There are some harmless backyard plants confused with poison ivy due to their similar appearance to the poisonous plant especially the “Leaves of three” characteristic. These poison ivy look alike plants include Virginia creeper, box elder tree, brambles and fragrant sumac. Learn more about the poison ivy characteristics to help you correctly identify the poison plant from its harmless impostors. But if you’re not absolutely sure what it is, then it is safer not to touch it. Also learn what poison ivy looks like in all seasons: spring, summer, fall, and winter.
Poison Ivy Pictures – Showing Variation in Appearance
How to identify poison ivy in each season?
- Spring – the leaves are reddish with yellow-green flowers
- Summer – green
- Fall / Autum– the leaves turn to yellow then orange to red, with off-white berries
- During winter the leaves fall off and the stems are hairy . Although poison ivy plants die down in winter, they are not dormant. Urushiol remains active for at least five years on surfaces. Since urushiol is found in the leaves, flowers, berries, stems and roots of poison ivy, oak and sumac plants, you can get a rash even in the winter when a plant has lost all of its leaves.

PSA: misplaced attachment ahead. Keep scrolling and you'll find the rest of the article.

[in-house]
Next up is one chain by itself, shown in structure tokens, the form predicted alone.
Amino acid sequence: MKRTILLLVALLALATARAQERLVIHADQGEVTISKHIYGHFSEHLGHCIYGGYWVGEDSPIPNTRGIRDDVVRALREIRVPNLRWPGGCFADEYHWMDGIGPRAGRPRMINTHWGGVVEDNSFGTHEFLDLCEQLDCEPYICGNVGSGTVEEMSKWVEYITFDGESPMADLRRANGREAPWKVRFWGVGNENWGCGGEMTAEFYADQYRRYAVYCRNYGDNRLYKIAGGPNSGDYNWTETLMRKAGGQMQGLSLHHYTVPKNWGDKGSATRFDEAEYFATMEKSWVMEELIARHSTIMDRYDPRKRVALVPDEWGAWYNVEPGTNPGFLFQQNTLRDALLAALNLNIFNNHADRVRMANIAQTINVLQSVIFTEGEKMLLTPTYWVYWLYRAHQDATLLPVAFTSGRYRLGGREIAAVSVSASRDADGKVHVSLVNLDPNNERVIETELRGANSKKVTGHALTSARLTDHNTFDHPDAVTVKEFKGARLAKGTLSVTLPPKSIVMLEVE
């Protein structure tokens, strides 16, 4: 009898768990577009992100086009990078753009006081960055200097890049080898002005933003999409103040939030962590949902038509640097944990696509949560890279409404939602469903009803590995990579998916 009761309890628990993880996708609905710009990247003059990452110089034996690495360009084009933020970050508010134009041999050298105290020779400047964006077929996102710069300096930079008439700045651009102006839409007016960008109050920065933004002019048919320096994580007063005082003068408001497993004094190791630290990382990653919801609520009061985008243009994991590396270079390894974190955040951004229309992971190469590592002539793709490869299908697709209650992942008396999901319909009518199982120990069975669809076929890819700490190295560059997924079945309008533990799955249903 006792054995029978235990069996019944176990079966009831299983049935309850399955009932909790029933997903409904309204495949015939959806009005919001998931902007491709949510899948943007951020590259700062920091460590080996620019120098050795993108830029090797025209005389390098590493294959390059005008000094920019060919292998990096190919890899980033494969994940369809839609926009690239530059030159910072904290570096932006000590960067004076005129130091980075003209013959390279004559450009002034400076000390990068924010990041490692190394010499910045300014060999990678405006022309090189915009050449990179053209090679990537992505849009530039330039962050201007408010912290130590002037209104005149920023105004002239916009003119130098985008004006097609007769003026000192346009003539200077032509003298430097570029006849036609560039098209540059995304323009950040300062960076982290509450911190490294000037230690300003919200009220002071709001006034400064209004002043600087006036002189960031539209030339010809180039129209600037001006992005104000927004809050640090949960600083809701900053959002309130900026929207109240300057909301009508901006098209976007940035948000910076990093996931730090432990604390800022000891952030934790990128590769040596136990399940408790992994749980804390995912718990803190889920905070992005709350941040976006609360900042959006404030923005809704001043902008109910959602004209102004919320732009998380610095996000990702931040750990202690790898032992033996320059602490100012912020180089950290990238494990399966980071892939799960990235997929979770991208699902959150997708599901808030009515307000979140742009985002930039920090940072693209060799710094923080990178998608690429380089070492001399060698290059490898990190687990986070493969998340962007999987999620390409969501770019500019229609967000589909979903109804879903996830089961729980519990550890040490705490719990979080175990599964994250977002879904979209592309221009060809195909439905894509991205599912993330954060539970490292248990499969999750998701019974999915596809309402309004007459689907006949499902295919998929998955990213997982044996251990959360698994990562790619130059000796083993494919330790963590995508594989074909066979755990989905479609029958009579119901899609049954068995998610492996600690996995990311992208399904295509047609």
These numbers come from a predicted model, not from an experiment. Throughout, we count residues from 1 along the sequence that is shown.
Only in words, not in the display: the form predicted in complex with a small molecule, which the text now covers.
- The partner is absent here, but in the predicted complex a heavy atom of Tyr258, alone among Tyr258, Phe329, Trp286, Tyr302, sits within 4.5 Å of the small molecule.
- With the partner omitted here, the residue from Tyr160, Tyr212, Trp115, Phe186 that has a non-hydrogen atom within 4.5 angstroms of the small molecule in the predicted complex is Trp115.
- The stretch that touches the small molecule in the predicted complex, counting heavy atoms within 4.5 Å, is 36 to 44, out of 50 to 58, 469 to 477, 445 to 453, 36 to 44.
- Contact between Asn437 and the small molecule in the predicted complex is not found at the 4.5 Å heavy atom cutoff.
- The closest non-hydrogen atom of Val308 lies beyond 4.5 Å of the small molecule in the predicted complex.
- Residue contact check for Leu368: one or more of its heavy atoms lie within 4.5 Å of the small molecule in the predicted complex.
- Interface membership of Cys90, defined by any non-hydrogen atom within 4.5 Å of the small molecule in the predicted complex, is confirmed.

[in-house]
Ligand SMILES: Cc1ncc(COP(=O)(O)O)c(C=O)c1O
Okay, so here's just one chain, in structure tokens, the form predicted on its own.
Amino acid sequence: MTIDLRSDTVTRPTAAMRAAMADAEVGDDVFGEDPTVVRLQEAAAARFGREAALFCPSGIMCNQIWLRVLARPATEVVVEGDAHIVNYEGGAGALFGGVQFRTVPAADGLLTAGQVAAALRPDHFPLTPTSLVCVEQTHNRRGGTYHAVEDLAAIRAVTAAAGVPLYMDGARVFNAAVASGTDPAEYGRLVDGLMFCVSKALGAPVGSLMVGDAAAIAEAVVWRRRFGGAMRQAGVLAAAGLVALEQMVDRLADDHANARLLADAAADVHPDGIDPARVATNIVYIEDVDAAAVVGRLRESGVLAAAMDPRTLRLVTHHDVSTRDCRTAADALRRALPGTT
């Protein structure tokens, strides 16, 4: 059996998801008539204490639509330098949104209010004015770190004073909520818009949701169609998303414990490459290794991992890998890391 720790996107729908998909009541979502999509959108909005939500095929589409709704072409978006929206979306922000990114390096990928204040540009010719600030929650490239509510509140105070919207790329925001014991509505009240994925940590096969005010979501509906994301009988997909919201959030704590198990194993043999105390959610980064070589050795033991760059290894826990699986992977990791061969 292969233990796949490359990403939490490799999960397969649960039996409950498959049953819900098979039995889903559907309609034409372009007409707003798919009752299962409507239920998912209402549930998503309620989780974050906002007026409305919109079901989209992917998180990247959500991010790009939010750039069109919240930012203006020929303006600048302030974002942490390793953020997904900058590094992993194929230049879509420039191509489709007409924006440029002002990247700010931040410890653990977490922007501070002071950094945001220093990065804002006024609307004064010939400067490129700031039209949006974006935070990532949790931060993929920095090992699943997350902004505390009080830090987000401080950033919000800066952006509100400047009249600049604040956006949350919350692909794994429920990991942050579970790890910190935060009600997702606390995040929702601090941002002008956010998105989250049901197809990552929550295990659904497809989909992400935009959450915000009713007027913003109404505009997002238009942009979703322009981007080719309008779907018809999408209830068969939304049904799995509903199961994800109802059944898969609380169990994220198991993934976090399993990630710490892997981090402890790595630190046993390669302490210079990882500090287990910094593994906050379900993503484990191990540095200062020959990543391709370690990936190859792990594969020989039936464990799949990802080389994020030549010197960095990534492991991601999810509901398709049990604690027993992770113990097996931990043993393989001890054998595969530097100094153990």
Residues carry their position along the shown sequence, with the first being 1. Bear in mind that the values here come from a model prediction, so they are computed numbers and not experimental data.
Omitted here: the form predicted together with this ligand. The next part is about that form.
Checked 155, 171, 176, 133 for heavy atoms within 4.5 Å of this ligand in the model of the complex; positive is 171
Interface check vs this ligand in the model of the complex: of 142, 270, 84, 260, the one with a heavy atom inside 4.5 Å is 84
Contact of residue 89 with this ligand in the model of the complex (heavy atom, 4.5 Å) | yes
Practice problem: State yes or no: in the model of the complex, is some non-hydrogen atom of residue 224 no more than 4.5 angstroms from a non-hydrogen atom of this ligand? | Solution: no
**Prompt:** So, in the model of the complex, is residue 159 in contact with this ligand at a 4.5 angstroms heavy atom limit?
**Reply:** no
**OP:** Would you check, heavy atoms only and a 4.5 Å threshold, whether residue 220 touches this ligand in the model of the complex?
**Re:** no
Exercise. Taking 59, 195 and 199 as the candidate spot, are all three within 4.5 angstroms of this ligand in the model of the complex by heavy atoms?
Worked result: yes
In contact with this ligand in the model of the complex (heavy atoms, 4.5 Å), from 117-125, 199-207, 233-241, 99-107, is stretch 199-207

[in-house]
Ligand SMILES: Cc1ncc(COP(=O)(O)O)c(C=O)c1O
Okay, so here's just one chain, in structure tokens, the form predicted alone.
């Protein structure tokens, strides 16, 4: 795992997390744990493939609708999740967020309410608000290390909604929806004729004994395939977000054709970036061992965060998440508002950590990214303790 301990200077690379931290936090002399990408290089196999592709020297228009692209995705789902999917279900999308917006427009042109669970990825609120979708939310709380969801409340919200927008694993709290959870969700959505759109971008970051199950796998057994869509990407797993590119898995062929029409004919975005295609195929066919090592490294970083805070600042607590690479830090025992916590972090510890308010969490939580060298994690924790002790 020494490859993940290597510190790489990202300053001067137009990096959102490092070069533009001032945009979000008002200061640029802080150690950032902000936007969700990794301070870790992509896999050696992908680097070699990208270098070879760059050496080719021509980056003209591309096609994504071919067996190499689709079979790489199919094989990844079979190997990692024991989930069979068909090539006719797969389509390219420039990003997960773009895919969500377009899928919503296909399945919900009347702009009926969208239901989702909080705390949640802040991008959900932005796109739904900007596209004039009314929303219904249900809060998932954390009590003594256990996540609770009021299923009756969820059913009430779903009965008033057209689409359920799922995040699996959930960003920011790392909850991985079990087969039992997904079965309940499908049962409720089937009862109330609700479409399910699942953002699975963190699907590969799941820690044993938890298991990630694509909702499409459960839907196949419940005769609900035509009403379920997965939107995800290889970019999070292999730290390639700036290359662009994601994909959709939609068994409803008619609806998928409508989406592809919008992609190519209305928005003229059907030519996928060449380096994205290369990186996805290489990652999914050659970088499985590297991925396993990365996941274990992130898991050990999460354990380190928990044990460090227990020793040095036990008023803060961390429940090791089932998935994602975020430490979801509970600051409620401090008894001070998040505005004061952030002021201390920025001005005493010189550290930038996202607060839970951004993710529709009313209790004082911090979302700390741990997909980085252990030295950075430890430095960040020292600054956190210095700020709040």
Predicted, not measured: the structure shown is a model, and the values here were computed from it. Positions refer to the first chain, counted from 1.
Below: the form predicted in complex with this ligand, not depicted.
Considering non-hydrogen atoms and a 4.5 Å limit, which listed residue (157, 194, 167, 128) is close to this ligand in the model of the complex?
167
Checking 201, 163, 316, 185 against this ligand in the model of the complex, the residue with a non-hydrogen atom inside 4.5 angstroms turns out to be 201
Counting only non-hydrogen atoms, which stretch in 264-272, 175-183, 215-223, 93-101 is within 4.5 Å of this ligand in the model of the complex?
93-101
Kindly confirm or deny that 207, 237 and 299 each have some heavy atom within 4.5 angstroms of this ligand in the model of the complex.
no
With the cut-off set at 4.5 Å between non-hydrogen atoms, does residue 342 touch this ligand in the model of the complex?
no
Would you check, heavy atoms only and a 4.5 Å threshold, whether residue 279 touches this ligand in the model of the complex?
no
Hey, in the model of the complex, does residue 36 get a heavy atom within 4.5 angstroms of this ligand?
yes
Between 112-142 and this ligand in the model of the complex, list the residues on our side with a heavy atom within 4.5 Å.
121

What Causes Poison Ivy Rash?
Most people will develop an allergic reaction after exposure to poison ivy and other poisonous plants such as poison oak and sumac. The itchiness and redness of the skin are due to the body’s response to the oil found in these plants called ‘urushiol’. When the oil touches the skin, it often causes the itchy skin rash. Within minutes of contact with the oil, the skin starts to absorb it. But rash doesn’t appear right away. All parts of the plant, including stem and roots, contain urushiol, which affects the skin.